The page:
Comparison of Modbus Over TCP/IP and PROFINET
Two of the most common protocols are Modbus and Profinet. They are similar in many ways, but there are some crucial differences.
Industrial computer networking is the ability to allow data to be transferred between all of the devices in the facility with processors. Sometimes, communication ports are built right into the front of the processor modules, while other times is an add-on card or module. Regardless of the physical method, we must understand how the various protocols differ in order to build effective networks. Two of the most common are Modbus and Profinet - they can appear similar in many ways. Still, there must be some differences, or there would be no reason to purchase different communication modules.
If you work in a facility with cables sharing data between PLCs, motor drive units, HMIs, remote I/O distribution blocks, and most likely PCs, then you probably need to understand some of the basic network principles.
Many end devices, such as this VFD, require an adapter (the blue device) to take the application data of normal Modbus and wrap it up in the physical and transmission standards of Ethernet TCP/IP.
Industrial networking relies on coordination between three different parts of the communication message, the physical and transmission standards, and the application data - two of these are identical between Modbus and Profinet, the last one is where the difference occurs.
This includes the common term ‘Ethernet’ which is common in home and industrial networks. This part of the network is identical between Modbus and Profinet, and any other network relying on internet transmission and addressing protocols.
Ethernet is the physical standard that limits what types of connectors, wires, voltages, and speeds may be allowed to ensure compatibility. This means that any related protocol, including Modbus TCP/IP and Profinet, will be precisely the same in the area of physical specs.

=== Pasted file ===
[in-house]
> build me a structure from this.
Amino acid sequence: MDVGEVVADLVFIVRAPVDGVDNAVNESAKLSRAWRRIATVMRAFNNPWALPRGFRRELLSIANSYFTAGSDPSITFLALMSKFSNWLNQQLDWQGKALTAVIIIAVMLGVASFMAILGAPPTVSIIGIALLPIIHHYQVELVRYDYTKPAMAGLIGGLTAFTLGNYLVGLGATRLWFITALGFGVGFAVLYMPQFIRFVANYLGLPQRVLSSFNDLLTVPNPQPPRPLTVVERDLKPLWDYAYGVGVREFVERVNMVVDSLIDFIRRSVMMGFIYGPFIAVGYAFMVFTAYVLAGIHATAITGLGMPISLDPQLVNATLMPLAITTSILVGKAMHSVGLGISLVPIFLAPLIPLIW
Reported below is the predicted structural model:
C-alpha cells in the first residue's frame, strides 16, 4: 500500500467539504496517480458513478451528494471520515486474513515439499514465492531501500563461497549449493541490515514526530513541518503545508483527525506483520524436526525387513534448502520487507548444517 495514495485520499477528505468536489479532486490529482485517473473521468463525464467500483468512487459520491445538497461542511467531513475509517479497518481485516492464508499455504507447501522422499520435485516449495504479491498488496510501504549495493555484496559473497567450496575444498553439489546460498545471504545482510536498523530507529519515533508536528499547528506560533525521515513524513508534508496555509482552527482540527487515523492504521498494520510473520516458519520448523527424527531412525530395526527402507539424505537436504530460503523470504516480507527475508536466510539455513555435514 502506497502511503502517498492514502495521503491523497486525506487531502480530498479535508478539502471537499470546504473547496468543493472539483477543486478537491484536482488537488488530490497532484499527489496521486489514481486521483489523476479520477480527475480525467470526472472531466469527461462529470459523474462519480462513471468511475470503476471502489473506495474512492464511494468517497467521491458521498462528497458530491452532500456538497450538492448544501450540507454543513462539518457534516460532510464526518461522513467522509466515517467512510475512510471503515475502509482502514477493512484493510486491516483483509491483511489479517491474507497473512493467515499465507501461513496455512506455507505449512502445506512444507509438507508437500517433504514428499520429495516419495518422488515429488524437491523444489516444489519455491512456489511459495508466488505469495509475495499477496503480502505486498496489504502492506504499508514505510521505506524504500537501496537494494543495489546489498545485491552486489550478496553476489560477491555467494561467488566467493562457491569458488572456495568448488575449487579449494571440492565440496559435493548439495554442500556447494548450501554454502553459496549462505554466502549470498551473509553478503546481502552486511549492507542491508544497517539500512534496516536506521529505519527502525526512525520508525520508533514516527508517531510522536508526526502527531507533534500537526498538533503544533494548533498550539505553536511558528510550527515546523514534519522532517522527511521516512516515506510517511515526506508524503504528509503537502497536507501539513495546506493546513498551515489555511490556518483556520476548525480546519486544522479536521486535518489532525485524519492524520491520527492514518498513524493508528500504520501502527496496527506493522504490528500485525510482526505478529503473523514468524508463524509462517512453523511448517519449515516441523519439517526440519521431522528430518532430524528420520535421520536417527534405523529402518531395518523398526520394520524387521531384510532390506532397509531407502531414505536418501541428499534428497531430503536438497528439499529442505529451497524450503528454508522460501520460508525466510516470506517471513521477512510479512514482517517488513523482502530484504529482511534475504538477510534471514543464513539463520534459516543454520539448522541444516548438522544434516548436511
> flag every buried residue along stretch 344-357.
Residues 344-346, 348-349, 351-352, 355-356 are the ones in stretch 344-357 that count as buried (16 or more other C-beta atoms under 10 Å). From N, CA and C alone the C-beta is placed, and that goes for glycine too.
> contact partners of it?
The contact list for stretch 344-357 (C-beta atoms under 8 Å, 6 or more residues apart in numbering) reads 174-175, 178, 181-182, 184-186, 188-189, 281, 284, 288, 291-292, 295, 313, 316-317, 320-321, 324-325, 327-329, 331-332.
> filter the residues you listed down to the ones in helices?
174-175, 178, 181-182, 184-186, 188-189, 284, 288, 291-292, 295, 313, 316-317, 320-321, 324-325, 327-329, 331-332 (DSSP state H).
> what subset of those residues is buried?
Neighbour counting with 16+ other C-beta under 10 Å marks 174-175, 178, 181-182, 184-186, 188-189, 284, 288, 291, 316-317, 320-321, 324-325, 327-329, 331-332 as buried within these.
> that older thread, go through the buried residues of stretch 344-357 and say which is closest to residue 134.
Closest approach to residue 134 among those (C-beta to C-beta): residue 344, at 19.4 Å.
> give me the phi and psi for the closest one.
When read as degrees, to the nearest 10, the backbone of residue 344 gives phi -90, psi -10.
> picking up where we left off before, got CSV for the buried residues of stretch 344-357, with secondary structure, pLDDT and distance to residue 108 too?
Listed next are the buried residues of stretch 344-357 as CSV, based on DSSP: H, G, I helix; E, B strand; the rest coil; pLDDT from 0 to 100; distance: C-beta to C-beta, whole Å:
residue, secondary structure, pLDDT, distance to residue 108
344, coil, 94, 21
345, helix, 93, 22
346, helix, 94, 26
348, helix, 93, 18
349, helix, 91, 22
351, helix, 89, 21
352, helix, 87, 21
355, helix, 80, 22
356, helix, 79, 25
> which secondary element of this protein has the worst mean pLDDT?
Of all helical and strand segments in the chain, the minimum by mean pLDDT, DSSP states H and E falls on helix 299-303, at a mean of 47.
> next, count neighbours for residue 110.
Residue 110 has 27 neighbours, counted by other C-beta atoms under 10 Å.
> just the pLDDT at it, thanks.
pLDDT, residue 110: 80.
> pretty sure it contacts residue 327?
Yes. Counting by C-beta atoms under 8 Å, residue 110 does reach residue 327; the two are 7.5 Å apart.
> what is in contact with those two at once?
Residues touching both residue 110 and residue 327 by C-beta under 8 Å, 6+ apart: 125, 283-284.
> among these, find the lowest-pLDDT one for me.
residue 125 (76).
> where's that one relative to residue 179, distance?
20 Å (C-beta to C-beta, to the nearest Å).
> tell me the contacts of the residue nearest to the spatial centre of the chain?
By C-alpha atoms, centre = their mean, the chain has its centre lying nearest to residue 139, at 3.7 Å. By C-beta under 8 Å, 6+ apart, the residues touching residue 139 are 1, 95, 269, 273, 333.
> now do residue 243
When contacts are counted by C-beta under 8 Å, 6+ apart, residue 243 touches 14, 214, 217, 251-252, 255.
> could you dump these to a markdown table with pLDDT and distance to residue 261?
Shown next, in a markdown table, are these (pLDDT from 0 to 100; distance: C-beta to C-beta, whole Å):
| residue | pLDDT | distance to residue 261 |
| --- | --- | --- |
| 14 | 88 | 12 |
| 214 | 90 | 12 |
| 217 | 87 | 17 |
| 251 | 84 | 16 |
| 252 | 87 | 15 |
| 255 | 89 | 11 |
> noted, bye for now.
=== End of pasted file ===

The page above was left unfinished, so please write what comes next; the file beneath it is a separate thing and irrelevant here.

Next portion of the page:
The connector is quite recognizable as a square plastic plug with eight metal contacts and a locking tab. This is the Registered Jack 45 (RJ45). It appears in nearly all modern industrial processor-based equipment, although again, sometimes requires an add-on module.
A subtle but critical difference in the physical connectors - the larger 8-pin RJ45 at the top is for the Ethernet TCP/IP connection, but the smaller 6-pin RJ12 at the bottom is for the Modbus connection. Profinet is always RJ45.
Some equipment is switching to fiber-optic connections due to speed and electrical noise immunity, and the connector is slightly different. It usually looks like a side-by-side locking hole in the communication module with an optical transmitter and receiver hidden inside.
The transmission speeds are limited by the devices on each end and the network switches. Speed is usually 100 Megabit per second or 1 Gigabit per second on modern “gigabit’ switches.
This category is also the same between the Modbus and Profinet network types. This part of the network specification includes two pieces, the Internet Protocol (IP) and the Transmission Control Protocol (TCP), which is why the networks are listed as TCP/IP.